Thus international automobile production is a market which is understood as a place where all problems of a globalizing economy accumulate: automobiles are the single industrial manufacture which holds the highest share in world GDP and trade and contribute to the labour market and technological level of many industrialized countries. Due to its economic power and global presence, the effects of Offshoring and globalization therefore can be best researched and explained by this industry.

If one nation is known for cars, then it is Germany. Although the German automotive industry is only ranked number four in international comparison behind Japan, China and the USA in regard to units manufactured in 2008, it accounts for 14% of all jobs in manufacturing in Germany and thus displays the highest share when compared to other nations (VDA 2009). Since the invention of the first automobile by the German engineer and entrepreneur Carl Benz in 1886, this industry has come more and more into focus in light of increasing specialization tendencies of nations and international division of labour. Today it is an essential driver of innovation and the most important industry in Germany in terms of GDP contribution and export ratios (Statistisches Bundesamt 2008). With around 30 vehicle assembly plants in operation, Germany is home to the largest concentration of automotive OEM (Original Equipment Manufacturer) plants. Worldwide every fifth car comes from the production of a German manufacturer, and with Volkswagen, BMW and Daimler three German automobile manufacturers account for around 30% of worldwide revenues in the automotive industry. In addition, German suppliers also occupy top positions internationally, including mega suppliers such as Bosch or Siemens VDO (Automobilproduktion, 2009). The comparative strength of German automobile production is reflected in the economic success: manufacturers and suppliers together achieved an annual turnover of 330 billion Euros in the year 20084. Three out of four cars manufactured in Germany are exported to foreign countries and 55% of the German trade surplus is contributed by the automotive industry (Statistisches Bundesamt 2008).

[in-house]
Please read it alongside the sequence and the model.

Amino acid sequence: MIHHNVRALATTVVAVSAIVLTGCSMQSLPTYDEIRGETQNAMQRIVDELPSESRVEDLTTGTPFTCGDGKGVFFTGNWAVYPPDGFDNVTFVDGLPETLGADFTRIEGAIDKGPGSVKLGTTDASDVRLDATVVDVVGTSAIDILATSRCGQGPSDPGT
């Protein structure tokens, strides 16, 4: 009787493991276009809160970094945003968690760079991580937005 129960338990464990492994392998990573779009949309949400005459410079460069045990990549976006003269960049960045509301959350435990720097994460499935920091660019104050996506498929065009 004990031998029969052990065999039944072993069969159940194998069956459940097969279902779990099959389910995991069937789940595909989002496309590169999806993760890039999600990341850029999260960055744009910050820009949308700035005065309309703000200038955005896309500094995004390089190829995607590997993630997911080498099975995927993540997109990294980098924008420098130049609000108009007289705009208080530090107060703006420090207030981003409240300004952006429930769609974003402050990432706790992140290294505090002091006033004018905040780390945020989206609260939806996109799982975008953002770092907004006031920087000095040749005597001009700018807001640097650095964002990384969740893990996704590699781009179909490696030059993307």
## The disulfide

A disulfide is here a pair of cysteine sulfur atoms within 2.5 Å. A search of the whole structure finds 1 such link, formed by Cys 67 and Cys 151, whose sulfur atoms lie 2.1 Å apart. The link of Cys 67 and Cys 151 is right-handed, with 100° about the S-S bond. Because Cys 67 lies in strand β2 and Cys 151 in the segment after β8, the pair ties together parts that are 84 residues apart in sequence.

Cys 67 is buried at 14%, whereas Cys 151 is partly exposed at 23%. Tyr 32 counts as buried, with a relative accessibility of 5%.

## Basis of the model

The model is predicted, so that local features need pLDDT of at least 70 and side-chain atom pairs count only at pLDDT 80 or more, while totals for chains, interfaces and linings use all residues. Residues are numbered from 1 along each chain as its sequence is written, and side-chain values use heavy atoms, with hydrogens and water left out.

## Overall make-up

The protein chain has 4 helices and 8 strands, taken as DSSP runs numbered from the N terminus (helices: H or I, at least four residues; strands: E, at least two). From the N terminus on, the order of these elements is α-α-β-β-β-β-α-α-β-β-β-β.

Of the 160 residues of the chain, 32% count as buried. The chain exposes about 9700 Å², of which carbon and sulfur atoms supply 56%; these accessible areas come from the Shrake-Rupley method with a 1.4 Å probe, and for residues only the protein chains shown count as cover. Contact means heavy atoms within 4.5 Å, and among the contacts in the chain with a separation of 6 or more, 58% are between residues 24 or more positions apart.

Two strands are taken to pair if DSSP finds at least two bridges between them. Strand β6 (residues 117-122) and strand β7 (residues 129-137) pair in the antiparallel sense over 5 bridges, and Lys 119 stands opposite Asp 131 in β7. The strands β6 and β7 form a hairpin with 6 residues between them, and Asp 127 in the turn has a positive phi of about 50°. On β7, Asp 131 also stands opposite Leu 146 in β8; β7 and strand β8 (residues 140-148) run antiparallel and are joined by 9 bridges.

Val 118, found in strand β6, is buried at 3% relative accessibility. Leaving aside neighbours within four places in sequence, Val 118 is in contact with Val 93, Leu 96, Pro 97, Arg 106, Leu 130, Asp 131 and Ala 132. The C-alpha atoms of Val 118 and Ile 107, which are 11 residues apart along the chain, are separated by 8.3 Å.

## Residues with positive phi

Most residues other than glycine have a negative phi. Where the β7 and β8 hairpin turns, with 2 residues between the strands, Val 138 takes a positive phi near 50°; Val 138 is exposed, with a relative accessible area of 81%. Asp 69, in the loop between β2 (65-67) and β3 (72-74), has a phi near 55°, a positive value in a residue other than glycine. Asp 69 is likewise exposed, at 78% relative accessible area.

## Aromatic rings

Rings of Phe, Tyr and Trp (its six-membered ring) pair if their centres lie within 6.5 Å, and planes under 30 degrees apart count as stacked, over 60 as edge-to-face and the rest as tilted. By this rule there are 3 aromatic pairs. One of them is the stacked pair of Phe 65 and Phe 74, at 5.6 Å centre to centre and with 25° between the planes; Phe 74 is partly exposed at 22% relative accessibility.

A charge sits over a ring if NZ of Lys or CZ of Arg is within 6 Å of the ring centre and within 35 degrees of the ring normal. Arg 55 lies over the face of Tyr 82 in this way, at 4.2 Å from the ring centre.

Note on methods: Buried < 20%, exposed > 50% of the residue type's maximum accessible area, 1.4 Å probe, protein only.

Bringing all these figures together, Germanys’ economic dependence of the automotive industry is unique in industrial nations. But this dependency makes the German economy and in particular the labour market more vulnerable to Offshoring and production relocations than any other country. Hence, the German automotive industry is widely exposed to global influences and therefore an ideal choice to research international investment, Offshoring and Backshoring tendencies and its effects to the labour market. Due to its dependence, distinctive market and supplier structure, the results can then potentially be transferred to other nations and industries. In this respect, this study aims to provide more contribution to the existing volume of knowledge and research in the field of locational science studies exemplified by the German automotive industry.

1.2. Reseach Objectives

In detail, the research examines the present degree of internationalization of the German automotive industry, current geographical and physical dispersion of international operations, the recent as well as future development and dimension of Offshoring and Backshoring tendencies as well as the respective motives and reasons behind the relocation decisions. Furthermore, the study provides an insight into the current competitiveness of the production location Germany and shows effects resulting from Offshoring and Backshoring activities on the German labour market. Summarized, the main deliverable outputs of research findings are as follows:

- To highlight the present stage of international competitiveness of the ‘Automotive Location Germany’
- To examine the present degree of internationalization of the German automotive industry
- To provide an analysis of the present and future stage and scope of Offshoring and Backshoring tendencies within the German automotive industry
- To investigate the present motives and reasons of Offshoring and Backshoring activities in the automotive industry as compared to previous findings from other research
- To provide insights about the present and future influence of relocation decisions on the German labour market

Beside these main objectives, the study deals in turn with a series of more detailed secondary issues, which include:

The determination of factors and motives why companies in the automotive industry have not established foreign production locations so far and solely remain and manufacture in Germany.

The present degree of satisfaction with the foreign production locations and respective determination factors. The degree of satisfaction and quality of the foreign location factors may determine whether the production relocation was successful or not. Statements regarding potential future Backshoring activities may thus be deduced from this information.